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The College Process

As one of the nation’s best schools, Deerfield Academy is home to an incredibly talented and diverse student body. As a proud member of this community, I live and learn among students who are committed to the pursuit of excellence. Much of my inspiration comes from taking classes, participating in sports, and collaborating outside classes with so many gifted peers.

Deerfield chose us partly because of our unique talents, a key element in our Deerfield applications. It is safe to say that our distinctive talents contributed to getting us where we are right now: at Deerfield, a diverse and exceptional community. Still, once we arrive, we are expected to conform to a standard academic curriculum, even if, as upperclassmen, we would rather invest more in our unique talents, and less in the general studies we already did for a decade. Entering Deerfield as intellectually curious and talented adolescents, standardized tests and an across-the-board standard curriculum turn us into a homogenous group of students. Is that what our community wants and our society needs?

Will Deerfield lead academic innovation with changes in the curriculum that would formally allow upperclassmen freedom of thoughtful choice? I hope so. Centuries ago, grammar, rhetoric, logic, arithmetic, music, astronomy, and geometry (the medieval trivium and quadrivium) awaited the fortunate few afforded the luxury of education. Today, our transcripts are expected to show, year after year, math, sciences, English, history, and languages. Why?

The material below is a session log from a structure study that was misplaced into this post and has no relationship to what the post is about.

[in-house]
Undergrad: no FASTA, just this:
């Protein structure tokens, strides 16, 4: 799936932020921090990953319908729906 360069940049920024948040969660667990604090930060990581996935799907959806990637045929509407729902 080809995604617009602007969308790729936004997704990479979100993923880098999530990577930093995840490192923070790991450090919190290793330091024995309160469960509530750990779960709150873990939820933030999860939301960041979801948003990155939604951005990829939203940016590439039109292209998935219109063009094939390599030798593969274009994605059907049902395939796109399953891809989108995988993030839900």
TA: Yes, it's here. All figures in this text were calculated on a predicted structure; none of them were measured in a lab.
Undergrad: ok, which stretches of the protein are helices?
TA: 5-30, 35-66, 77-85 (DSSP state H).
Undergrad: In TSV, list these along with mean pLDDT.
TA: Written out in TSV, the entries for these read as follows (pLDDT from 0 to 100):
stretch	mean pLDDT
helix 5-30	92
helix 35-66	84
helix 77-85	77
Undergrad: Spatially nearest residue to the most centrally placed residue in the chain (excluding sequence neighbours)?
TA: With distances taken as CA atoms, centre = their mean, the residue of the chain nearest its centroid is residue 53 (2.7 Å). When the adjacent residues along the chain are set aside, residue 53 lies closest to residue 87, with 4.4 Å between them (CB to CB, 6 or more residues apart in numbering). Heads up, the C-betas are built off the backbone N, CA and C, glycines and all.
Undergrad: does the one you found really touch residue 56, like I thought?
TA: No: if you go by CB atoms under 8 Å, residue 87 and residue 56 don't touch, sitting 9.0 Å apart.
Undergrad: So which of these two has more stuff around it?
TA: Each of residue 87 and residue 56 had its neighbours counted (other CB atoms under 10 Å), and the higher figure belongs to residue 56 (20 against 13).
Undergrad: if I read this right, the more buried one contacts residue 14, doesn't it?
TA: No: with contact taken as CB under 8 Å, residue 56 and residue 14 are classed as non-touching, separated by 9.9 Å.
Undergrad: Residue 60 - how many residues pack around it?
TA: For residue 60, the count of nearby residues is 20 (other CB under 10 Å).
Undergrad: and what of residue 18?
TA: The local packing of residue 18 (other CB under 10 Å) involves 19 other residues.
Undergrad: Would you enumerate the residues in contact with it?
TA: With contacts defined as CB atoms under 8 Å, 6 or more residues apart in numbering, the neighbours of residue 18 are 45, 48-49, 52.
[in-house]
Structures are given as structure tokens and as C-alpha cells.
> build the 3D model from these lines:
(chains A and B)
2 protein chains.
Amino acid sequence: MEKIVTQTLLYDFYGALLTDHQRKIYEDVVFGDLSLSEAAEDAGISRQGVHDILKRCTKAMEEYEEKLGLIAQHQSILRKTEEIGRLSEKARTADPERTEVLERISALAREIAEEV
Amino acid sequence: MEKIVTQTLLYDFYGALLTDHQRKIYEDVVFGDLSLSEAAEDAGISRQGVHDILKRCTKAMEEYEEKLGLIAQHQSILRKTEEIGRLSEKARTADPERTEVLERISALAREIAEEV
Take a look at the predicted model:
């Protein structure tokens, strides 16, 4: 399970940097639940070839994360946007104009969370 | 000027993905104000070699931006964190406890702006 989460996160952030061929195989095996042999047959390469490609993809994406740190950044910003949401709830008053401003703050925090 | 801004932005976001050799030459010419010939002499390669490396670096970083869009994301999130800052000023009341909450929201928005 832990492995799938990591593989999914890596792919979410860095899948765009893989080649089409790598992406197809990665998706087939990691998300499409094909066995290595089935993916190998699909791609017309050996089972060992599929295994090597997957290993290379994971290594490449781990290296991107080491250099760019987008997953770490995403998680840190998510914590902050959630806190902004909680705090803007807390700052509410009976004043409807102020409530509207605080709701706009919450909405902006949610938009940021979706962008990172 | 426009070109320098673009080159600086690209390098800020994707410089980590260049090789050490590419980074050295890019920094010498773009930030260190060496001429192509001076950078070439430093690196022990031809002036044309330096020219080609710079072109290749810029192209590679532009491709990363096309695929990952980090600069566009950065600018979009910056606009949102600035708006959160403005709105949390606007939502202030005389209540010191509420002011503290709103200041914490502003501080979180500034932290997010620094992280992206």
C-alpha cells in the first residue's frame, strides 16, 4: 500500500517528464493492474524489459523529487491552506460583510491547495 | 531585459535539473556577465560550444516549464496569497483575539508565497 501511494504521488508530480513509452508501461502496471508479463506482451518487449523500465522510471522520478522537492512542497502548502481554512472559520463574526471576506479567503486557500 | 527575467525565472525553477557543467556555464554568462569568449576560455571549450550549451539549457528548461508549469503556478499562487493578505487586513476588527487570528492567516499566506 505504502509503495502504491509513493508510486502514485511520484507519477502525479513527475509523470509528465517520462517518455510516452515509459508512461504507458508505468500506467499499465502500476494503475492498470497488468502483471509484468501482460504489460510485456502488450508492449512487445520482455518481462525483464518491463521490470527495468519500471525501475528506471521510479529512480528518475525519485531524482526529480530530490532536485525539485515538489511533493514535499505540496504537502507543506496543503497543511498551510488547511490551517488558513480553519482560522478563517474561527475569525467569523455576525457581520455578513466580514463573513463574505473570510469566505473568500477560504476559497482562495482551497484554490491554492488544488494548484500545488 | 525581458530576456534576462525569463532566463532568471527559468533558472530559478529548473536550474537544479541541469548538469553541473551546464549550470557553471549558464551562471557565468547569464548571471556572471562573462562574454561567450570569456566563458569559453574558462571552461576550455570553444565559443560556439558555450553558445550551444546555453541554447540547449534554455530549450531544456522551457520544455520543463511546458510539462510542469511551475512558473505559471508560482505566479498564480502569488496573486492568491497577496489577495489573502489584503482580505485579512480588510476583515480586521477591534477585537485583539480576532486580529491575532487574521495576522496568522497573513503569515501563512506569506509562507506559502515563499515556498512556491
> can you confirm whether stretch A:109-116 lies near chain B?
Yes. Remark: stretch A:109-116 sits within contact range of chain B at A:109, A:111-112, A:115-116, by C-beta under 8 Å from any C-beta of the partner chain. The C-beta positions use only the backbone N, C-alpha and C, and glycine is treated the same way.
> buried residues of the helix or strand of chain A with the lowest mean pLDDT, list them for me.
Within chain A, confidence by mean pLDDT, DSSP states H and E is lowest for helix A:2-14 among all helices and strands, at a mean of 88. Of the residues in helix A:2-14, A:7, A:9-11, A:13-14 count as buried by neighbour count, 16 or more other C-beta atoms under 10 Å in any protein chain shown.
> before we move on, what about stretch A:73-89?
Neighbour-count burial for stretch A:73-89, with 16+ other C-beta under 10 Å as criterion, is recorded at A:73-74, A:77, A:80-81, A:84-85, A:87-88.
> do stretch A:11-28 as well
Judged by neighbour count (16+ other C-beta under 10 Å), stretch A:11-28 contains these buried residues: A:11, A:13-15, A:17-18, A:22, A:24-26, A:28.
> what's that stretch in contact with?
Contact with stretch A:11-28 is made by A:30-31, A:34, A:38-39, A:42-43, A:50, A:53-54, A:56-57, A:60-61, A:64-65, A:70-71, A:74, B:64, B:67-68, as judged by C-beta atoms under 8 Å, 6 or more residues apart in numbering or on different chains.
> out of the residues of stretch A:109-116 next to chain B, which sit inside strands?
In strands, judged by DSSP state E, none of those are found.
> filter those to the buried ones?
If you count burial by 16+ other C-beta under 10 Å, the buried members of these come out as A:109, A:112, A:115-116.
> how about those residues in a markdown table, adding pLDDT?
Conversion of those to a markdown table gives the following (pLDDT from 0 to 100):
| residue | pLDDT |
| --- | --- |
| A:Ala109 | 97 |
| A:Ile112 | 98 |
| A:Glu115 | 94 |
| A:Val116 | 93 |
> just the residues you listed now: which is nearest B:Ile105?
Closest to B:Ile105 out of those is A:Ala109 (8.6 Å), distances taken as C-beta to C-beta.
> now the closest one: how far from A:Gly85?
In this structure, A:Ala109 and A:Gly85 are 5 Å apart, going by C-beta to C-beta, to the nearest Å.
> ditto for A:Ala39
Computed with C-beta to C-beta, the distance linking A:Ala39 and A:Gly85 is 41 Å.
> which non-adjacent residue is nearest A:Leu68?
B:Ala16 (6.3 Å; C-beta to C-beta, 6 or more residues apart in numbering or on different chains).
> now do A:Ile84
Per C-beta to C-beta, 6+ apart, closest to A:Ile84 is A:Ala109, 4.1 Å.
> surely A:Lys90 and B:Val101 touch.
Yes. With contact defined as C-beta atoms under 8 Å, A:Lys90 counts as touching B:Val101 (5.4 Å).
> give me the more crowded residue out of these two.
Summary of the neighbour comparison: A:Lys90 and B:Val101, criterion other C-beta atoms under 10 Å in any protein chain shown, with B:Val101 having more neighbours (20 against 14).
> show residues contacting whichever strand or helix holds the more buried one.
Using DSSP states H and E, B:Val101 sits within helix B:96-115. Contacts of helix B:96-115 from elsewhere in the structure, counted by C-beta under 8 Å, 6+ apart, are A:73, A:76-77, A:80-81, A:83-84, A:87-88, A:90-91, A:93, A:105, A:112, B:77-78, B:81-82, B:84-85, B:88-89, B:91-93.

Consumed for so many years with subjects perhaps tangential to our true interests (interests that we discovered along our academic path), we lose our enthusiasm and curiosity. As Deerfield graduates, we certainly should be expected to know quite some math, English, history, sciences, and languages, since we will have been required to study some of these subjects for up to 12 years.

But do we allow ourselves – or rather, does Deerfield allow us the choice – to excel in any one single area? The tension is between wishes and wants: we praise liberal arts education, but also know that colleges already expect excellence shown by specific expertise. The thousands of hours of sustained immersion required to excel in one area takes years of focus and dedication and sacrifice.

Must we continue to spread ourselves thin, even in the final years of our secondary education? To pursue our dreams, should we not have a choice, so we can prove to have gone beyond the basics in one area, as we dare to excel in sports or science, art or music?

Our Deerfield educations prepare us not for college, but for life. As we contemplate our future, it is wise to start focusing our energies in areas essential to our lives as individuals with unique talents and desires, for, as William Butler Yeats wrote, “Education is not the filling of a pail, but the lighting of a fire.”

Acadia Brooks ’14